This is part of the reason why goalsetting can be helpful. When we’ve defined a goal, our subconscious can begin to look for events and opportunities that may help us reach it.

Scientists often describe solutions coming to them not when they were actively working on the problem but while they were distracted or relaxing. Think of Archimedes discovering displacement while taking a bath.

Another example I always remember is the chemist who first described the structure of the benzene ring.

benzene ringHe had been trying to work out how these molecules were constructed for some time without success. Then he had a dream of wriggling snakes and suddenly one of the snakes grabbed its own tail.

The dream gave him the insight that benzene had a ring structure.

That’s all well and good, but do we have to wait for some random dream or flash of inspiration? Is there some way to purposely tap into our subconscious?

In short, can we harness the subconscious to help us make better decisions?

Yes, we can!

Here’s a three step process you can try:

Define the decision you want to make or the problem you’re trying to solve. Write it down.

• Next, distract the conscious mind with some activity that will keep it occupied. In various experiments, researchers used computer-based puzzles. You can do the same thing using a puzzle book such as Sudoku or crossword puzzles or anagrams or find-the-word type puzzles. Anything that will keep your conscious mind focused and occupied. Do this for 5 to 10 minutes.

• Now, without thinking too much about it, write down your decision or a solution to the problem you were working on.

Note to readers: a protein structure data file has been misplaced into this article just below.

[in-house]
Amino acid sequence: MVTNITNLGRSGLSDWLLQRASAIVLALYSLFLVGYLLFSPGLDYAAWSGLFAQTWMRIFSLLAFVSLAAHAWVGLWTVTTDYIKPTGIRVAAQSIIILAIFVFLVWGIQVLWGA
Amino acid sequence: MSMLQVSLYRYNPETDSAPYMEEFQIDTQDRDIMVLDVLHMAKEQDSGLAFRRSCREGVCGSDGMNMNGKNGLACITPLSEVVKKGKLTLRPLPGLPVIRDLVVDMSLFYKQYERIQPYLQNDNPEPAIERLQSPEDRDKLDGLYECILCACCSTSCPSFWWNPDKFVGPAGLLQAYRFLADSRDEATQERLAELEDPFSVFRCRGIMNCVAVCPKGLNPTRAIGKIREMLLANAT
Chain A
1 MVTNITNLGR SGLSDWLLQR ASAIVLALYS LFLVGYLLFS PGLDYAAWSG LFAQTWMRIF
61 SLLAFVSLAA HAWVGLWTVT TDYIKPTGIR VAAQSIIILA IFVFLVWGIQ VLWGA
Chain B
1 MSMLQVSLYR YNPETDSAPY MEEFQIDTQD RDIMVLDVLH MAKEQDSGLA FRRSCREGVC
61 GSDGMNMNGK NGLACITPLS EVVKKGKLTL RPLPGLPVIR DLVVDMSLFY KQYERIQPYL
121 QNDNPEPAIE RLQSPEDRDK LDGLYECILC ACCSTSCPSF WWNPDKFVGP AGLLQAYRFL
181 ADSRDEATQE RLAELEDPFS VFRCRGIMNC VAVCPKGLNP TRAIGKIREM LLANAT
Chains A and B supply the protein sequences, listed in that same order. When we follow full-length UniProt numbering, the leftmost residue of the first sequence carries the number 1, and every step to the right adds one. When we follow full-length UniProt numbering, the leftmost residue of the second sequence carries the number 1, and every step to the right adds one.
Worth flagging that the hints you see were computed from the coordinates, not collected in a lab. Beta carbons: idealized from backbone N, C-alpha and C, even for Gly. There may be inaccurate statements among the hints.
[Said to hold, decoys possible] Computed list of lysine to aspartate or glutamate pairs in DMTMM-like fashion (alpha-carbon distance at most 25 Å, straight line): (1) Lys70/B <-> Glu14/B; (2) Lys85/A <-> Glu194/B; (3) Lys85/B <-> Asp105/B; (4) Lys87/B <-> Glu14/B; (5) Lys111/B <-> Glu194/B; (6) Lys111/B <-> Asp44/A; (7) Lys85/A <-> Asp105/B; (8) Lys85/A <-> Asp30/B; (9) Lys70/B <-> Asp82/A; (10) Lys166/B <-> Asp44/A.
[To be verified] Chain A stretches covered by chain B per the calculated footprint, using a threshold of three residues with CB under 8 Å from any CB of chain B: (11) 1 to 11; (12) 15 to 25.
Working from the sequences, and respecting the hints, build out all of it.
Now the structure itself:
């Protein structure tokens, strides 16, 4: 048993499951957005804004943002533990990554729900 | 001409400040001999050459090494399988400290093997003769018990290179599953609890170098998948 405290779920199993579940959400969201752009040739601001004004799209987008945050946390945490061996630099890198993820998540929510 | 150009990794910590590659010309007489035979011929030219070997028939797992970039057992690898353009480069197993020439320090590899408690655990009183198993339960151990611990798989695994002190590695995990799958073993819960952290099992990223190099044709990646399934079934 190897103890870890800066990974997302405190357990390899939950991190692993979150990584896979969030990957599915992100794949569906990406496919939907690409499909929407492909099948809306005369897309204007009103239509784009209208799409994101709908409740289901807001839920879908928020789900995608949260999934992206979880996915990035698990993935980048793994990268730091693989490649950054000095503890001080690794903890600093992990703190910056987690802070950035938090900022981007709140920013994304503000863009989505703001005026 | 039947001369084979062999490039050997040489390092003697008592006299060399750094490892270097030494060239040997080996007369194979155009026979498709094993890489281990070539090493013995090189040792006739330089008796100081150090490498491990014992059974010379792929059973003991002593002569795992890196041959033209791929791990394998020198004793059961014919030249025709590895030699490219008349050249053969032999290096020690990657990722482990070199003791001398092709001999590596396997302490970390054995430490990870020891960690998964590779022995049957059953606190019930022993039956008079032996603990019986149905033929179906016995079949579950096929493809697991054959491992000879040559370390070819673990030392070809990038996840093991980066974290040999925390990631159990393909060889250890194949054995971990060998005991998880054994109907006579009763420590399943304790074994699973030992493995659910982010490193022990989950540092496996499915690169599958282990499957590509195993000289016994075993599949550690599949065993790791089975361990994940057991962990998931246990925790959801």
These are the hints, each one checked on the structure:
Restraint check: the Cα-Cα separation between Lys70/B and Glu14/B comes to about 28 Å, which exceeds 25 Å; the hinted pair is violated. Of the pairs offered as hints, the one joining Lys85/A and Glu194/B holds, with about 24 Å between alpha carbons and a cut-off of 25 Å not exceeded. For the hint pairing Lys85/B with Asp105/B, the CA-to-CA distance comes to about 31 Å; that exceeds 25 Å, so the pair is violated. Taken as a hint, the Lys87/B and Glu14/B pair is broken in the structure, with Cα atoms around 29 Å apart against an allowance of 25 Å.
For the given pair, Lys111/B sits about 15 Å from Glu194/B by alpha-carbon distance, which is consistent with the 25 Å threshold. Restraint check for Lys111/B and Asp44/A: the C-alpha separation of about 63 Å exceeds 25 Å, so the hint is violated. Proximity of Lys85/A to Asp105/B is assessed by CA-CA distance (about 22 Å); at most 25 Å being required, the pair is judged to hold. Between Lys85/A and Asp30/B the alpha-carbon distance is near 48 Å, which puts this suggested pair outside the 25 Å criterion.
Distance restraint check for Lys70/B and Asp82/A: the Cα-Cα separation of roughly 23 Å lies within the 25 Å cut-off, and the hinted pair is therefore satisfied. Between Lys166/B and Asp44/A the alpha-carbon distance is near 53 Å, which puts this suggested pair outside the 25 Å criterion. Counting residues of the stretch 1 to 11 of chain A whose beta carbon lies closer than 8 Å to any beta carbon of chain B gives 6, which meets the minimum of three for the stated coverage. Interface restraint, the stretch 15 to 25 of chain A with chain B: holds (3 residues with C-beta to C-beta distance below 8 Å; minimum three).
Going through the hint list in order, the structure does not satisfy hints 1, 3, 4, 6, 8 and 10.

I’ve been surprised at the feeling of clarity I often achieve using this short exercise. Give it a try and see how it works for you.

BTW – This isn’t some technique I just made up.  There’s quite a lot of research into this type of decision making.  If you want to look into the studies, here’s a place to start:

On Making the Right Choice: The Deliberation-Without-Attention Effect
Ap Dijksterhuis, Maarten W. Bos, Loran F. Nordgren, Rick B. van Baaren

Science 17 Feb 2006:
Vol. 311, Issue 5763, pp. 1005-1007
DOI: 10.1126/science.1121629

 

Turmeric and Wound Healing

Turmeric root and powderTurmeric is a versatile spice. It’s tasty so it’s not surprising that it figures prominently in many Asian cuisines.

Perhaps as importantly, turmeric has a long history of medicinal usages.
It has great anti-inflammatory and antioxidant properties. This makes it very helpful for problems like arthritis.

Cultures that regularly include turmeric in their diet have a lower incidence of Alzheimer’s disease.

There’s also some suggestion that turmeric reduces the risk of cancer.

With possible benefits like that, I try to add at least a little turmeric to my diet most days.

When I have eggs, which is often, I sprinkle turmeric on them.

I also make a “latte” by blending hot almond milk with turmeric, ginger, cinnamon and a bit of coconut oil. Very tasty – I suggest you give it a try.